In most alphabetic scripts, diacritics (or accents) are a routinely used. English is unusual in not using them except for loanwords from other languages or personal names (for example, naïve, Brontë). The ubiquity of this usage is indicated by the existence of precomposed characters for use with computer systems (for example, ⟨á⟩, ⟨à⟩, ⟨ä⟩, ⟨â⟩, ⟨ã⟩.)
Examples of letters in writing systems edit
In the following table, letters from multiple different writing systems are shown, to demonstrate the variety of letters used throughout the world.
|Example alphabet||Letters in example alphabet|
|Assamese||অ, আ, ই, ঈ, উ, ঊ, ঋ, এ, ঐ, ও, ঔ, ক, খ, গ, ঘ, ঙ, চ, ছ, জ, ঝ, ঞ, ট, ঠ, ড, ঢ, ণ, ত, থ, দ, ধ, ন, প, ফ, ব, ভ, ম, য, ৰ, ল, ৱ, শ, ষ, স, হ,ক্ষ, ড়, ঢ়, য়, ৎ, ং, ঃ, ঁ|
|Bengali||অ, আ, ই, ঈ, উ, ঊ, ঋ, এ, ঐ, ও, ঔ, ক, খ, গ, ঘ, ঙ, চ, ছ, জ, ঝ, ঞ, ট, ঠ, ড, ঢ, ণ, ত, থ, দ, ধ, ন, প, ফ, ব, ভ, ম, য, ল, শ, ষ, স, হ,ক্ষ, ড়, ঢ়, য়, ৎ, ং, ঃ, ঁ|
|Arabic||(Alphabetical from right to left) ﺍ, ﺏ, ﺕ, ﺙ, ﺝ, ﺡ, ﺥ, ﺩ, ﺫ, ﺭ, ﺯ, ﺱ, ﺵ, ﺹ, ﺽ, ﻁ, ﻅ, ﻉ, ﻍ, ﻑ, ﻕ, ﻙ, ﻝ, ﻡ, ﻥ, هـ, ﻭ, ﻱ|
|Armenian||Ա, Բ, Գ, Դ, Ե, Զ, Է, Ը, Թ, Ժ, Ի, Լ, Խ, Ծ, Կ, Հ, Ձ, Ղ, Ճ, Մ, Յ, Ն, Շ, Ո, Չ, Պ, Ջ, Ռ, Ս, Վ, Տ, Ր, Ց, Ւ, Փ, Ք, Օ, Ֆ|
|Syriac||(Alphabetical from right to left) ܐ, ܒ, ܓ, ܕ, ܗ, ܘ, ܙ, ܚ, ܛ, ܝ, ܟܟ, ܠ, ܡܡ, ܢܢ, ܣ, ܥ, ܦ, ܨ, ܩ, ܪ, ܫ, ܬ|
|Cyrillic script||А, Б, В, Г, Д, Е, Ё, Ж, З, И, Й, К, Л, М, Н, О, П, Р, С, Т, У, Ф, Х, Ц, Ч, Ш, Щ, Ъ, Ы, Ь, Э, Ю, Я|
|Georgian script||ა, ბ, გ, დ, ე, ვ, ზ, თ, ი, კ, ლ, მ, ნ, ო, პ, ჟ, რ, ს, ტ, უ, ფ, ქ, ღ, ყ, შ, ჩ, ც, ძ, წ, ჭ, ხ, ჯ, ჰ|
|Greek||Α, Β, Γ, Δ, Ε, Ζ, Η, Θ, Ι, Κ, Λ, Μ, Ν, Ξ, Ο, Π, Ρ, Σ, Τ, Υ, Φ, Χ, Ψ, Ω|
|Hebrew alphabet||(Alphabetical from right to left) א, ב, ג, ד, ה, ו, ז, ח, ט, י, כ, ל, מ, נ, ס, ע, פ, צ, ק, ר, ש, ת|
|Latin alphabet||A, B, C, D, E, F, G, H, I, J, K, L, M, N, O, P, Q, R, S, T, U, V, W, X, Y, Z|
|Hangul||ㄱ ㄲ ㄴ ㄷ ㄸ ㄹ ㅁ ㅂ ㅃ ㅅ ㅆ ㅇ ㅈ ㅉ ㅊ ㅋ ㅌ ㅍ ㅎ ㅏ ㅐ ㅑ ㅒ ㅓ ㅔ ㅕ ㅖ ㅗ ㅘ ㅙ ㅚ ㅛ ㅜ ㅝ ㅞ ㅟ ㅠ ㅡ ㅢ ㅣ|
|Burmese||က ခ ဂ ဃ င စ ဆ ဇ ဈ ည ဋ ဌ ဍ ဎ ဏ တ ထ ဒ ဓ န ပ ဖ ဗ ဘ မ ယ ရ လ ဝ သ ဟ ဠ အ|
|Bopomofo||ㄅ ㄆ ㄇ ㄈ ㄉ ㄊ ㄋ ㄌ ㄍ ㄎ ㄏ ㄐ ㄑ ㄒ ㄓ ㄔ ㄕ ㄖ ㄗ ㄘ ㄙ ㄚ ㄛ ㄜ ㄝ ㄞ ㄟ ㄠ ㄡ ㄢ ㄣ ㄤ ㄥ ㄦ ㄧ ㄨ ㄩ ㄭ|
|Ogham||ᚁ ᚂ ᚃ ᚄ ᚅ ᚆ ᚇ ᚈ ᚉ ᚊ ᚋ ᚌ ᚍ ᚎ ᚏ ᚐ ᚑ ᚒ ᚓ ᚔ ᚕ ᚖ ᚗ ᚘ ᚙ ᚚ ᚛ ᚜|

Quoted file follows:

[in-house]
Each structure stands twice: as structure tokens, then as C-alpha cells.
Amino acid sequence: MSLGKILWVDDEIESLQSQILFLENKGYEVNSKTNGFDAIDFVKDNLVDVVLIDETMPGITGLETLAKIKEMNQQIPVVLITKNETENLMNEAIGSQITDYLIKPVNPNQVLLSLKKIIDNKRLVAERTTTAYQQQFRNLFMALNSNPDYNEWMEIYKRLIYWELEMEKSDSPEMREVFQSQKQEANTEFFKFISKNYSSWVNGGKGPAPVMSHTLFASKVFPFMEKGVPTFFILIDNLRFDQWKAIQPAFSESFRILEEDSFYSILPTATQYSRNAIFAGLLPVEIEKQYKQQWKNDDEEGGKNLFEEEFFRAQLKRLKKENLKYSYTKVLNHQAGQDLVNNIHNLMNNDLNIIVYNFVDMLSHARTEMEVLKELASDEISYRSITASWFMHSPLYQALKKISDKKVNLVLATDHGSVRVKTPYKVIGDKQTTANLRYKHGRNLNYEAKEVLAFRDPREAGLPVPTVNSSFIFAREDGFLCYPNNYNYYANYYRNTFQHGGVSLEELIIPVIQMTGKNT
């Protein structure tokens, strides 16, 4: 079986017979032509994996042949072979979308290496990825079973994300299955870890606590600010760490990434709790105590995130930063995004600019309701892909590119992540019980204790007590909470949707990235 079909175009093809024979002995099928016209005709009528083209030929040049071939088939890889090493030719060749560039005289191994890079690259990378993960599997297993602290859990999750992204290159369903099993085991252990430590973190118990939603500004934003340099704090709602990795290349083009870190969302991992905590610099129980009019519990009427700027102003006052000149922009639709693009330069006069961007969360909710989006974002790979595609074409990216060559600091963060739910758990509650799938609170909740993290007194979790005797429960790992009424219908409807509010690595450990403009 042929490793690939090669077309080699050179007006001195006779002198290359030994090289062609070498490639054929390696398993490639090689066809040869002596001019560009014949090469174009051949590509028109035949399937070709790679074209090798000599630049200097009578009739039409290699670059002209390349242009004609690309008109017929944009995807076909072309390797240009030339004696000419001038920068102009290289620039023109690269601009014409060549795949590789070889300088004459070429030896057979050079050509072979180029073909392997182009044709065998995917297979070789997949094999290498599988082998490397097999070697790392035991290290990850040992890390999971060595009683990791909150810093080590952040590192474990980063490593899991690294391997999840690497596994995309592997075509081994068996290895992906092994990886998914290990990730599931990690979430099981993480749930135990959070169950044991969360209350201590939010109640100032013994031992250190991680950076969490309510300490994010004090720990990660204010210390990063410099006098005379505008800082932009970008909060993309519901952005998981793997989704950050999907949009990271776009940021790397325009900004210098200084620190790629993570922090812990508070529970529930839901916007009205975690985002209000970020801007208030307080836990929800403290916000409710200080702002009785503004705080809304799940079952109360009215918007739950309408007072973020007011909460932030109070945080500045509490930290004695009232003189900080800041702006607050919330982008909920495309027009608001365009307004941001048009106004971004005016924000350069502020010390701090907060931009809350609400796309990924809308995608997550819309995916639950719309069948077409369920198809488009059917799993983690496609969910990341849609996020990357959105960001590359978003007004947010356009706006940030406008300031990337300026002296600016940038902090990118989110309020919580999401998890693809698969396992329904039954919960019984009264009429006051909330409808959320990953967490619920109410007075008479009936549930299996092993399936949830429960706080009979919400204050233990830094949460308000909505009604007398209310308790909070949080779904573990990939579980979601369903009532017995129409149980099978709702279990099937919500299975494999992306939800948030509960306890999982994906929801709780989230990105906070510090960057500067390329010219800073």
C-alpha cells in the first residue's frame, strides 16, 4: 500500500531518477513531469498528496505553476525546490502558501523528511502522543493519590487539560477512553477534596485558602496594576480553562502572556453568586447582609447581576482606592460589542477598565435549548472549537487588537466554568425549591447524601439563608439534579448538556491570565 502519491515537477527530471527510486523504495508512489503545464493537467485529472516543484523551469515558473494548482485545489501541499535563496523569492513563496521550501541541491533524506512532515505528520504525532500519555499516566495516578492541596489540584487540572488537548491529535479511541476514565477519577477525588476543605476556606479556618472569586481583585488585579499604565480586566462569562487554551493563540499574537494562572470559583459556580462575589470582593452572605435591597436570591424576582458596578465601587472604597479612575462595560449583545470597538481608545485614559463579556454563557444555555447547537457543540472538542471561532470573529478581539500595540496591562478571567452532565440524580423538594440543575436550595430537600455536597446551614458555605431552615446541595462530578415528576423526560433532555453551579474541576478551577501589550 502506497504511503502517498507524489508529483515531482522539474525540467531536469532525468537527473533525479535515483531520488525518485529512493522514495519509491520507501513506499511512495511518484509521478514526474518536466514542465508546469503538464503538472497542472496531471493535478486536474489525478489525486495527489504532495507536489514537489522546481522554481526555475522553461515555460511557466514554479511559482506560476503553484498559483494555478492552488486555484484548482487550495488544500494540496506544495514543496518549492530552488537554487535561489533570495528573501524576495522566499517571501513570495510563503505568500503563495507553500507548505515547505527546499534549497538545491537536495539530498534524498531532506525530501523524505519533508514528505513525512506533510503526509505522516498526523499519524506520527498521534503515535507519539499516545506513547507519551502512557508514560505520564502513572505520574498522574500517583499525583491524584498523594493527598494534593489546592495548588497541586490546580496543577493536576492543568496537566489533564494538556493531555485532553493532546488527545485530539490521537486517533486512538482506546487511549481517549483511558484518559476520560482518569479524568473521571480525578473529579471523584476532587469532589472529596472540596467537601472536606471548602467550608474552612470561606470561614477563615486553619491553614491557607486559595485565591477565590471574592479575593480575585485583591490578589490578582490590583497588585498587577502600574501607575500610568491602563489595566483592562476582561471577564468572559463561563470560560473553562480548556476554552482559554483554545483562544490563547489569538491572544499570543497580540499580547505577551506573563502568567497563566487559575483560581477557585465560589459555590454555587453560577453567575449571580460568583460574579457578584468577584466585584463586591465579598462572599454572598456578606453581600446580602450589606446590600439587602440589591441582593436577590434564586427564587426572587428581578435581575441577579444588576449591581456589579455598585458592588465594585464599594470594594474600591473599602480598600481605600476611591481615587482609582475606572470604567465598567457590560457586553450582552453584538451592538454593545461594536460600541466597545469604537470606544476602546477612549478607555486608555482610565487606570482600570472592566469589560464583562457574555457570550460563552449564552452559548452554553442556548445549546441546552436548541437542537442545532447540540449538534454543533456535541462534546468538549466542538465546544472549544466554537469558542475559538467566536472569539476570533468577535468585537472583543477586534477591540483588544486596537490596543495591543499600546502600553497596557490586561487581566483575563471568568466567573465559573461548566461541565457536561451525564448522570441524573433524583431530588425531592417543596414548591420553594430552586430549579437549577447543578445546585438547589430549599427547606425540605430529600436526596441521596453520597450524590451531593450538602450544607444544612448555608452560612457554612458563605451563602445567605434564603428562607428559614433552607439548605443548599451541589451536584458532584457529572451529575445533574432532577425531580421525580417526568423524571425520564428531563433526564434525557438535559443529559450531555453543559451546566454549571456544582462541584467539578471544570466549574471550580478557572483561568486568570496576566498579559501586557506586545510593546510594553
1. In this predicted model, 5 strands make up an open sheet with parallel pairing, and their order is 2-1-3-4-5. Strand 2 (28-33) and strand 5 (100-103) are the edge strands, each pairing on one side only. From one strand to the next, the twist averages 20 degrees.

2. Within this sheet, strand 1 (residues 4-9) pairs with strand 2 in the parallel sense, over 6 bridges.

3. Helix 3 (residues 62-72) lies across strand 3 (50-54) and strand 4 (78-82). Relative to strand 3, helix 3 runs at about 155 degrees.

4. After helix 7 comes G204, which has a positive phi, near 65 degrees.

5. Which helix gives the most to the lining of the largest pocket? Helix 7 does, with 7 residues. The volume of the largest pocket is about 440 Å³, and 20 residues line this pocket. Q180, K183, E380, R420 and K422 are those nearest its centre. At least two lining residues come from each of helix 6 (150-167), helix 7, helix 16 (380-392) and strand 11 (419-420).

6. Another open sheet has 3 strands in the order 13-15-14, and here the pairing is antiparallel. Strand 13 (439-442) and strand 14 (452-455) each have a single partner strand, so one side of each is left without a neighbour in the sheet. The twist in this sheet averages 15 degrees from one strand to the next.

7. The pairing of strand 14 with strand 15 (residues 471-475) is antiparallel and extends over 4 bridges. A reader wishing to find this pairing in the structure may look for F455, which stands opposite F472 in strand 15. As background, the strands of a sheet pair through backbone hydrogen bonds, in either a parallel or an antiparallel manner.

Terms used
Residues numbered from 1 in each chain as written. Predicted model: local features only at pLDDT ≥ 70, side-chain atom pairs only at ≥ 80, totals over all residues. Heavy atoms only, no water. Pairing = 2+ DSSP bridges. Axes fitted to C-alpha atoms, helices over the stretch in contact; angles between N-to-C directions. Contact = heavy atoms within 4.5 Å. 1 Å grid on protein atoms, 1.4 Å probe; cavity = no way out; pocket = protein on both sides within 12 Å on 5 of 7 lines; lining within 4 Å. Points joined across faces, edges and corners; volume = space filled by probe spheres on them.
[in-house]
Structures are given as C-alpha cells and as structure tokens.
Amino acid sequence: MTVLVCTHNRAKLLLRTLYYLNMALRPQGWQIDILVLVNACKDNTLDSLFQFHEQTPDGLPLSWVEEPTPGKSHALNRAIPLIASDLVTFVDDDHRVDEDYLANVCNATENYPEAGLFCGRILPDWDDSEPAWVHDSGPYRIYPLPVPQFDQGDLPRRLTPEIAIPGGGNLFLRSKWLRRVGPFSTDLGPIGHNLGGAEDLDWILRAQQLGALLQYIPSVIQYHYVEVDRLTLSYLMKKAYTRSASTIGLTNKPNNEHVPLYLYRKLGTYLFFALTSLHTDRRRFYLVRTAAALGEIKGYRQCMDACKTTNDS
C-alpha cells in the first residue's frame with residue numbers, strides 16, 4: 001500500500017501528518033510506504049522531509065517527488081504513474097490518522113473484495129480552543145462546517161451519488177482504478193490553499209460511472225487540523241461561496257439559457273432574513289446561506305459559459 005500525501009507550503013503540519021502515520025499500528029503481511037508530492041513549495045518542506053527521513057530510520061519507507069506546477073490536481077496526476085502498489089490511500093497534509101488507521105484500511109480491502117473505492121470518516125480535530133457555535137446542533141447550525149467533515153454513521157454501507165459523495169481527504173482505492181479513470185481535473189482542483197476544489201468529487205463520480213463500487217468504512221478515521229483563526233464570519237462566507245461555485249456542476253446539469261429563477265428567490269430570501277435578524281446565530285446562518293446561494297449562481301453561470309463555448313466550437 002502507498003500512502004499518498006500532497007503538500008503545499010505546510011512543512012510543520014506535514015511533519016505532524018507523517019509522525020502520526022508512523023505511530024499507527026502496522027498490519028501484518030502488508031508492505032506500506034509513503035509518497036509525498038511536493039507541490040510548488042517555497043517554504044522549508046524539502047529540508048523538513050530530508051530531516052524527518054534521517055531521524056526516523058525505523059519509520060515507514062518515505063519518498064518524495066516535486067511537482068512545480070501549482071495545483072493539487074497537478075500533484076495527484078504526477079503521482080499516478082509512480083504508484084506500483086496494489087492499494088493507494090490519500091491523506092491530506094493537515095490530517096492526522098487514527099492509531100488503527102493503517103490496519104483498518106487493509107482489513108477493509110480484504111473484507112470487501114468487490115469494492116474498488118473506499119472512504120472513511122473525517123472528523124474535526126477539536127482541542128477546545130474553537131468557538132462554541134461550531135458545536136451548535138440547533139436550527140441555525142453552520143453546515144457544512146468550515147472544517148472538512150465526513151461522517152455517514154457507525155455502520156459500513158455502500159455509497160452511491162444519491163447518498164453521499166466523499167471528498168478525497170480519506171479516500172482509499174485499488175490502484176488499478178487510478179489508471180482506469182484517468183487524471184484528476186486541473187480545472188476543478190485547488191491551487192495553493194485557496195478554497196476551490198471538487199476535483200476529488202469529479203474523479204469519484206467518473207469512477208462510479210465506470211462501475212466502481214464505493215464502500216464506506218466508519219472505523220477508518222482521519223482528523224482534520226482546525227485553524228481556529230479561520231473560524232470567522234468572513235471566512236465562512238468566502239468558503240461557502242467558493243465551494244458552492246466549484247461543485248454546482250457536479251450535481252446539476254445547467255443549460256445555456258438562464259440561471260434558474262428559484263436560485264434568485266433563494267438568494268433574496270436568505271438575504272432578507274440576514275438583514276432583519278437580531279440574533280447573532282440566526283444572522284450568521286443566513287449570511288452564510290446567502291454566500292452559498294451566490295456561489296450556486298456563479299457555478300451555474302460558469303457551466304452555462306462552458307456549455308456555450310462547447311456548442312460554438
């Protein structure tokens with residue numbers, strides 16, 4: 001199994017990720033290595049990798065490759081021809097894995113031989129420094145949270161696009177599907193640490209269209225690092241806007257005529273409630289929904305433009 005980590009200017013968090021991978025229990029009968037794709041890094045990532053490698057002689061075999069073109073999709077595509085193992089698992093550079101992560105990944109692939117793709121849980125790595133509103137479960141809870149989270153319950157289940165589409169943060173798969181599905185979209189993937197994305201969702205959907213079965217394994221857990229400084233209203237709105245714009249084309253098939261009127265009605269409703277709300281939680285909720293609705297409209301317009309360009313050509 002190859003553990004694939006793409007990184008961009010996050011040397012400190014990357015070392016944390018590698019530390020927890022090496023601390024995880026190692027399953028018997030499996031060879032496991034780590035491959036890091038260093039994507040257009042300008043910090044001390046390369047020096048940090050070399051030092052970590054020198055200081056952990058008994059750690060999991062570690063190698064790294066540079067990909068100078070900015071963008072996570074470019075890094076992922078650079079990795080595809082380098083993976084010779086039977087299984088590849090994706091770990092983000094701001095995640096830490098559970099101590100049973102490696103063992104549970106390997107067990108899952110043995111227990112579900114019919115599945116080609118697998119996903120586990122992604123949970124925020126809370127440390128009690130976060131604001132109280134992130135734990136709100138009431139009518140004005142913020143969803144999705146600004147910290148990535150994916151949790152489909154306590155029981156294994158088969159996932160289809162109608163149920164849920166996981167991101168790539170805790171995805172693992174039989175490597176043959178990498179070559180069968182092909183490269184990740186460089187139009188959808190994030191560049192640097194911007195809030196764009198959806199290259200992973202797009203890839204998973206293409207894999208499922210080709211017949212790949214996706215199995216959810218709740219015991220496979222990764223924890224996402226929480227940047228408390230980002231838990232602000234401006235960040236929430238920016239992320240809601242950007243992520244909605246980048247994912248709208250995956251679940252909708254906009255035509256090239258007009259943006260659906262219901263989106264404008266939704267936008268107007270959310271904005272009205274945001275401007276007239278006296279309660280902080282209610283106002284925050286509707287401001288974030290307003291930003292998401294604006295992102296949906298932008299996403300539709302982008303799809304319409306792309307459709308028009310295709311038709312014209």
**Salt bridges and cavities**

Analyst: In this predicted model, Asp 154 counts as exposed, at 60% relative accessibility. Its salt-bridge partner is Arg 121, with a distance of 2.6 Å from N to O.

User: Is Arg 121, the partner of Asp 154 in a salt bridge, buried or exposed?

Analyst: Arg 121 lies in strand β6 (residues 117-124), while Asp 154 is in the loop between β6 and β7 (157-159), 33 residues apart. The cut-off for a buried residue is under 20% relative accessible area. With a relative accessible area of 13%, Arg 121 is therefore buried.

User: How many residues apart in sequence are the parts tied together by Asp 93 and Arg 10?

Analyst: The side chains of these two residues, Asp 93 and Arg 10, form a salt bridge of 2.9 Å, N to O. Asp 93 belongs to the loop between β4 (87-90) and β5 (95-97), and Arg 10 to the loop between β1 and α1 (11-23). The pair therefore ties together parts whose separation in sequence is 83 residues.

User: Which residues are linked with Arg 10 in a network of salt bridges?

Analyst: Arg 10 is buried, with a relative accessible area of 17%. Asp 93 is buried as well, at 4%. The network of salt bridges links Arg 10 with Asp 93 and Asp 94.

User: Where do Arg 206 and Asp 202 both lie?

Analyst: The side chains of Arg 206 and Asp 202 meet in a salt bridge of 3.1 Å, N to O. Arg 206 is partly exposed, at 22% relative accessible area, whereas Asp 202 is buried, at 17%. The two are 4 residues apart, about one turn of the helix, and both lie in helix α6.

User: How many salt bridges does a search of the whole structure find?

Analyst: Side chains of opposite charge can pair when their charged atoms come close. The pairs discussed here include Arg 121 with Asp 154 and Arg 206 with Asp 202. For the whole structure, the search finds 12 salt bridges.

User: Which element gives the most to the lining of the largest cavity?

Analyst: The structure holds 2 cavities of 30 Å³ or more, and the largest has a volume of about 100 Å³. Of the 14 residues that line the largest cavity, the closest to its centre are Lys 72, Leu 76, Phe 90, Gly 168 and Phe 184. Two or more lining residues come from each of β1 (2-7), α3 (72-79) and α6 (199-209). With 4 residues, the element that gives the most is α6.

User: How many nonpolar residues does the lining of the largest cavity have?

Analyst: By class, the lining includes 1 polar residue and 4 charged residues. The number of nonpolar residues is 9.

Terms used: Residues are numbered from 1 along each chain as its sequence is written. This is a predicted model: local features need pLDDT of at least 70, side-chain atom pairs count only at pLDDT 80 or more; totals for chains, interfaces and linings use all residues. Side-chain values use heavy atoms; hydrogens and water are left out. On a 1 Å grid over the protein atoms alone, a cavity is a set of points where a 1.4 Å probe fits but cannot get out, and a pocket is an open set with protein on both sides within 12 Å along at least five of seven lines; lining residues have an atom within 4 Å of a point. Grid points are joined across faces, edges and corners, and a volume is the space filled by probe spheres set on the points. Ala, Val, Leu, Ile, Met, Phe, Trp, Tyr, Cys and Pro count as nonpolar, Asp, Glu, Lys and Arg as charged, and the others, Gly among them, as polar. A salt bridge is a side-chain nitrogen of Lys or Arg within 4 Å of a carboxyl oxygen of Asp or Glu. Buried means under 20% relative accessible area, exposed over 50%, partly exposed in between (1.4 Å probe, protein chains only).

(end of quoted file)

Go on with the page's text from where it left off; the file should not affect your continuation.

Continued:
|Ethiopic||ሀ ለ ሐ መ ሠ ረ ሰ ሸ ቀ በ ተ ቸ ኀ ነ ኘ አ ከ ኸ ወ ዐ ዘ ዠ የ ደ ጀ ገ ጠ ጨ ጰ ጸ ፀ ፈ ፐ|
|Tifinagh (Amazigh alphabet)||ⴰ, ⴱ, ⵛ, ⴷ, ⴹ, ⴻ, ⴼ, ⴳ, ⴳⵯ, ⵀ, ⵃ, ⵉ, ⵊ, ⴽ, ⴽⵯ, ⵍ, ⵎ, ⵏ, ⵓ, ⵄ, ⵖ, ⵅ, ⵇ, ⵔ, ⵕ, ⵙ, ⵚ, ⵜ, ⵟ, ⵡ, ⵢ, ⵣ, ⵥ|
|Meetei Mayek||ꯀ, ꯁ, ꯂ, ꯃ, ꯄ, ꯅ, ꯆ, ꯈ, ꯉ, ꯊ, ꯋ, ꯌ, ꯍ, ꯎ, ꯏ, ꯐ, ꯑ, ꯒ, ꯓ, ꯔ, ꯕ, ꯖ, ꯗ, ꯘ, ꯙ, ꯚ, ꯛ, ꯜ, ꯝ, ꯞ, ꯟ, ꯠ, ꯡ, ꯢ, ꯥ, ꯤ, ꯨ, ꯦ, ꯣ, ꯩ, ꯧ, ꯪ|
See also edit
- Abecedarium – Inscription consisting of the letters of an alphabet
- Constructed script – Writing system specifically created by an individual or group
- Character (computing) – Primitive data type
- Collation – Assembly of written information into a standard order
- Diacritic – Modifier mark added to a letter
- Digraph (orthography) – Pair of characters used to write one phoneme
- Glyph – Element of writing
- Grapheme – Smallest functional written unit
- Greek letters used in mathematics, science, and engineering – Symbols for constants, special functions
- History of the alphabet – Alphabetic writing systems
- Letterform – Term to refer to a letter's shape
- Ligature (writing) – Glyph combining two or more letterforms in a single typeset or handwritten character
- Orthography – Set of conventions for writing a language
- Latin letters used in mathematics
- Typeface – Set of characters that share common design features
- Typography – Art of arranging type
- Unicode – Character encoding standard
Inline citations edit
- Rogers 2005, p. 13–14.
- Harper, Douglas. "Origin and meaning of letter". Online Etymology Dictionary. Archived from the original on 2017-11-03.
- Rogers 2005, p. 35.
- Rogers 2005, p. 4.
- Taylor, Isaac (1899). The history of the alphabet; an account of the origin and development of letters. New York: C. Scribner's Sons.
- Mason, William Albert (1920). A history of the art of writing. New York: The Macmillan company – via HathiTrust.
- Taylor, Isaac (1879). Greeks and Goths: a study on the runes. London: Macmillan and co. – via HathiTrust.
- Rogers 2005, p. 10–11.
- Flippo, Hyde (February 14, 2020). "Capitalization in German". ThoughtCo. Archived from the original on 2021-11-19. Retrieved 2022-03-15.
- Hansard, Thomas Curson (1825). Typographia, an Historical Sketch of the Origin and Progress of the Art of Printing. p. 406. Retrieved 12 August 2015.
- Drogin, Marc (1980). Medieval Calligraphy: Its History and Technique. Courier Corporation. p. 37. ISBN 9780486261423. Archived from the original on 2022-01-23. Retrieved 2022-03-14.
General references edit
- Millard, AR (1986), "The Infancy of the Alphabet", World Archaeology, 17 (3): 390–398, doi:10.1080/00438243.1986.9979978
- Sacks, David (2003). Language Visible: unraveling the mystery of the alphabet from A to Z (First ed.). New York: Broadway Books. ISBN 978-0-7679-1172-6. OCLC 51210302.
- Rogers, Henry (2005). Writing Systems. Blackwell Publishing. ISBN 978-0631234647.
Further reading edit
- Clodd, Edward (1904). The Story of the Alphabet. [New York]: McClure, Phillips & Co.
- Daniels, Peter T, and William Bright, eds (1996). ISBN 0-19-507993-0.
- Fromkin, Victoria, Robert Rodman, and Nina Hyams (2014). An Introduction to Language (Tenth Ed.). [Boston]: Wadsworth Cengage. ISBN 978-1-1333-1068-6.
- Man, John (2005) . Alpha beta : how 26 letters shaped the Western world. [New York]: Barnes and Noble. ISBN 978-0-7607-6610-1. OCLC 60936567.
- Powell, Barry B. (1991). Homer and the Origin of the Greek Alphabet. ISBN 978-0-521-58907-9 | ISBN 0-521-58907-X.
- Robinson, A (2003). "The Origins of Writing" in Crowley, David and Paul Heyer Communication in History : Technology, Culture, Society (Fourth Ed). [Boston]: Allyn and Bacon pp 34–40.